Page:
If you have more than one student loan, once you refinance, your payments are grouped together so you make only one monthly payment to one lender, instead of owing multiple monthly payments to various lenders. On top of getting a lower interest rate and streamlined payments, refinancing lets you alter the payment plan on your refinanced student loan. Terms vary by lender, but borrowers can choose how aggressive they want to be in their debt payoff, whether it's five, 10 or 20 years.

How is my student loan refinancing rate determined?

The interest rates lenders advertise for student loan refinancing may not be the rate you receive. Lenders determine your APR based on a handful of factors, including your credit score, your income, your debt-to-income (DTI) ratio, your savings, whether you choose a variable or fixed rate and the length of your loan's term.

How does refinancing affect my credit?

When you refinance your student loan, lenders will pull your report to determine if you're a risky borrower, which is considered a hard inquiry. This may lower your credit score by five or so points, but it's likely to go back up as you continue to make on-time monthly payments on your new refinanced loan.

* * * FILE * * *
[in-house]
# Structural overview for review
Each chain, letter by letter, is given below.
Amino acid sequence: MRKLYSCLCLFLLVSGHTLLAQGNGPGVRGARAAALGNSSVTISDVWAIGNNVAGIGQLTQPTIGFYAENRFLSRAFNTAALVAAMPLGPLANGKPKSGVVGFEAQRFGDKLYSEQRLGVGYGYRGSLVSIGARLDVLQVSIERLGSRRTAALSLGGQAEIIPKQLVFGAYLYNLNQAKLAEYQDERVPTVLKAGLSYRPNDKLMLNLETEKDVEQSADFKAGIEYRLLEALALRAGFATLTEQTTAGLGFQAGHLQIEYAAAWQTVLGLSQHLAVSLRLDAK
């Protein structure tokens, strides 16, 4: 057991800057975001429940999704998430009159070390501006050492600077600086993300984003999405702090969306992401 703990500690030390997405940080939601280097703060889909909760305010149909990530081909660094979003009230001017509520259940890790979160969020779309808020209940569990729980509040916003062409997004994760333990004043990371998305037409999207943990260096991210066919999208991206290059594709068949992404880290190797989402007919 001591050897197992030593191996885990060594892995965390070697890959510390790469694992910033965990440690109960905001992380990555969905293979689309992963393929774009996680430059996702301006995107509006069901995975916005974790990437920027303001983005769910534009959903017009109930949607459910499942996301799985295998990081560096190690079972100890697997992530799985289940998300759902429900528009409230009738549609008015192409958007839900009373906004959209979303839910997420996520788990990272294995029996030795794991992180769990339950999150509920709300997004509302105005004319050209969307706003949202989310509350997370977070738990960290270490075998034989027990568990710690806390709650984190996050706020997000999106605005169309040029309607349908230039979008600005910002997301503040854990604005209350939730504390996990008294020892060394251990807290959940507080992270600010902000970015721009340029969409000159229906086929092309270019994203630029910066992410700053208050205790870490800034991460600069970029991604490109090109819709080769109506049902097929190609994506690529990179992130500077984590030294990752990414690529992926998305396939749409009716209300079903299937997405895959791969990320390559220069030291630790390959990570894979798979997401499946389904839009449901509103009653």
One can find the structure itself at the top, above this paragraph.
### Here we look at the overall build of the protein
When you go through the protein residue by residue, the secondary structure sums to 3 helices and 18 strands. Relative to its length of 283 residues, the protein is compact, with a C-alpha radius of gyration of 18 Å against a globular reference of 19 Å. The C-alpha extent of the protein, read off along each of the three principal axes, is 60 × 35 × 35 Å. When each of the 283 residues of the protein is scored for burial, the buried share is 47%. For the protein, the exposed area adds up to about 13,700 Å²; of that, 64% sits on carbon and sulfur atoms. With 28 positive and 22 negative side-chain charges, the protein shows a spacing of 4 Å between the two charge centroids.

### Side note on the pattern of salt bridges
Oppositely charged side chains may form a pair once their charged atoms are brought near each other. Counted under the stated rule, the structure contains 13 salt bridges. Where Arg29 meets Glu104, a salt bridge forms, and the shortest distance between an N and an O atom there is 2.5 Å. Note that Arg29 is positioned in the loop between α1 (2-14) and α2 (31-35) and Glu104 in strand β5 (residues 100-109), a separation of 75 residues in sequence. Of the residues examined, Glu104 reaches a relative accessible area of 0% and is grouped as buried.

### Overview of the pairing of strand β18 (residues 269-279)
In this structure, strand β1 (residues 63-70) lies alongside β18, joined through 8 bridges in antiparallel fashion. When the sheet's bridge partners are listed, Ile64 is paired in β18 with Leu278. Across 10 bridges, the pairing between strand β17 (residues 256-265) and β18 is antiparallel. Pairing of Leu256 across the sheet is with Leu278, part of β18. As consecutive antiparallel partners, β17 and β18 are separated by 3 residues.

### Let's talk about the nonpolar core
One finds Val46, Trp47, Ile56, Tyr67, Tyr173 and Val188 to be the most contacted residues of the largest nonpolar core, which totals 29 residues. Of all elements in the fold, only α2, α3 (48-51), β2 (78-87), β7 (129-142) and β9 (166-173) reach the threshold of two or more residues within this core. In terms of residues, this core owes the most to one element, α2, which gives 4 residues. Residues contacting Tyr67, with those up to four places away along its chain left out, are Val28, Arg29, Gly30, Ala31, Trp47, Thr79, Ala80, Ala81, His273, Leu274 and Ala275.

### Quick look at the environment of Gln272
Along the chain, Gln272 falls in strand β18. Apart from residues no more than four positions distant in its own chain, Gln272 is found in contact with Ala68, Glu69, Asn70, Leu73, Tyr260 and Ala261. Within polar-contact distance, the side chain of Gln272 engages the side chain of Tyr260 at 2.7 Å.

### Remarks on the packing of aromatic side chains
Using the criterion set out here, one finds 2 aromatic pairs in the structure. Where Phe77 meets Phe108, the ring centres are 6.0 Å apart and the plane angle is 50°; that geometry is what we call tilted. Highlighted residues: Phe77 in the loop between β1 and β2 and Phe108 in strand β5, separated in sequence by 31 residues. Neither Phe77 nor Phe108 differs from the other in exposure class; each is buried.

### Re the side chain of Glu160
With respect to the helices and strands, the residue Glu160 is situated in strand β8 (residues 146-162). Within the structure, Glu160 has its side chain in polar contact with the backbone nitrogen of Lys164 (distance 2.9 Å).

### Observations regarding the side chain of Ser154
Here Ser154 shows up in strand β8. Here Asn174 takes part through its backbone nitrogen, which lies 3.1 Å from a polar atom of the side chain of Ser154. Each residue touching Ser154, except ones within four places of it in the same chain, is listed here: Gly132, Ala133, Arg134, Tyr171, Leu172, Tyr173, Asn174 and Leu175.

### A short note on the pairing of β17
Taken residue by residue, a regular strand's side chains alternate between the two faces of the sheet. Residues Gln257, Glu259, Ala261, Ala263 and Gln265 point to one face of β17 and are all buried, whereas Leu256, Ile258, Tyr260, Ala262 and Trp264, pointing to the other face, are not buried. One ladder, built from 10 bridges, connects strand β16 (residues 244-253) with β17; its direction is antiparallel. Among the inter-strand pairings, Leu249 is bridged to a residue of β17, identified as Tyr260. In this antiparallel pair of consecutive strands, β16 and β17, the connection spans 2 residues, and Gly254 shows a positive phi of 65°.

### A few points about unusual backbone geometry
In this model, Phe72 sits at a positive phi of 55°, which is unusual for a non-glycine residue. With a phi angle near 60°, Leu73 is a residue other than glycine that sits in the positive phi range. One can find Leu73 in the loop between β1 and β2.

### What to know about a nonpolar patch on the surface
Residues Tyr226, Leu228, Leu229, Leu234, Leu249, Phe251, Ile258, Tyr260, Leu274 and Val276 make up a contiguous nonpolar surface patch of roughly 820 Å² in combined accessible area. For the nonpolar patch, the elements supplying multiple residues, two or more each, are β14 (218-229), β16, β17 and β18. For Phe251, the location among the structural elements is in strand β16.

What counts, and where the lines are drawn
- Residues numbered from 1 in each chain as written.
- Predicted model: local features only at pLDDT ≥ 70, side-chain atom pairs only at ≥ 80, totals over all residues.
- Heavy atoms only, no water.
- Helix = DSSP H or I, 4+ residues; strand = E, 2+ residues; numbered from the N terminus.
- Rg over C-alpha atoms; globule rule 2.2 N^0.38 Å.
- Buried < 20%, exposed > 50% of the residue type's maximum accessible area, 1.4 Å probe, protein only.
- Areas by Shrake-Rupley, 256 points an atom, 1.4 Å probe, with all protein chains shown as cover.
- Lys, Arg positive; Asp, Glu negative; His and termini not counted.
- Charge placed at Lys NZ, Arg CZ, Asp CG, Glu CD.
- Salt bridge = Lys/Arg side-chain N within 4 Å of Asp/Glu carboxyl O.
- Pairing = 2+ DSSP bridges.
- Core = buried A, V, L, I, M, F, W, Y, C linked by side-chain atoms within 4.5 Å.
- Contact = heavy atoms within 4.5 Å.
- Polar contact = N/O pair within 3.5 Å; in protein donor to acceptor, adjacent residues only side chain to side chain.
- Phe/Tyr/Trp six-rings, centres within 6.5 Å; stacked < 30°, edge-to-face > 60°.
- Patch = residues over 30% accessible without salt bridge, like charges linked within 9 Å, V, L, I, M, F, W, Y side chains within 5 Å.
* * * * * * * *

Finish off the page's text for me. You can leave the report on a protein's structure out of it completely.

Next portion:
Many lenders as well as loan marketplaces offer prequalification tools where you can quickly input your personal information and see rate quotes from lenders without actually applying and affecting your credit. You'll be able to get an idea of your interest rate, repayment term and any fees. Choose the lender that offers you an interest rate considerably lower than the one you currently pay.

Can you refinance my student loans multiple times?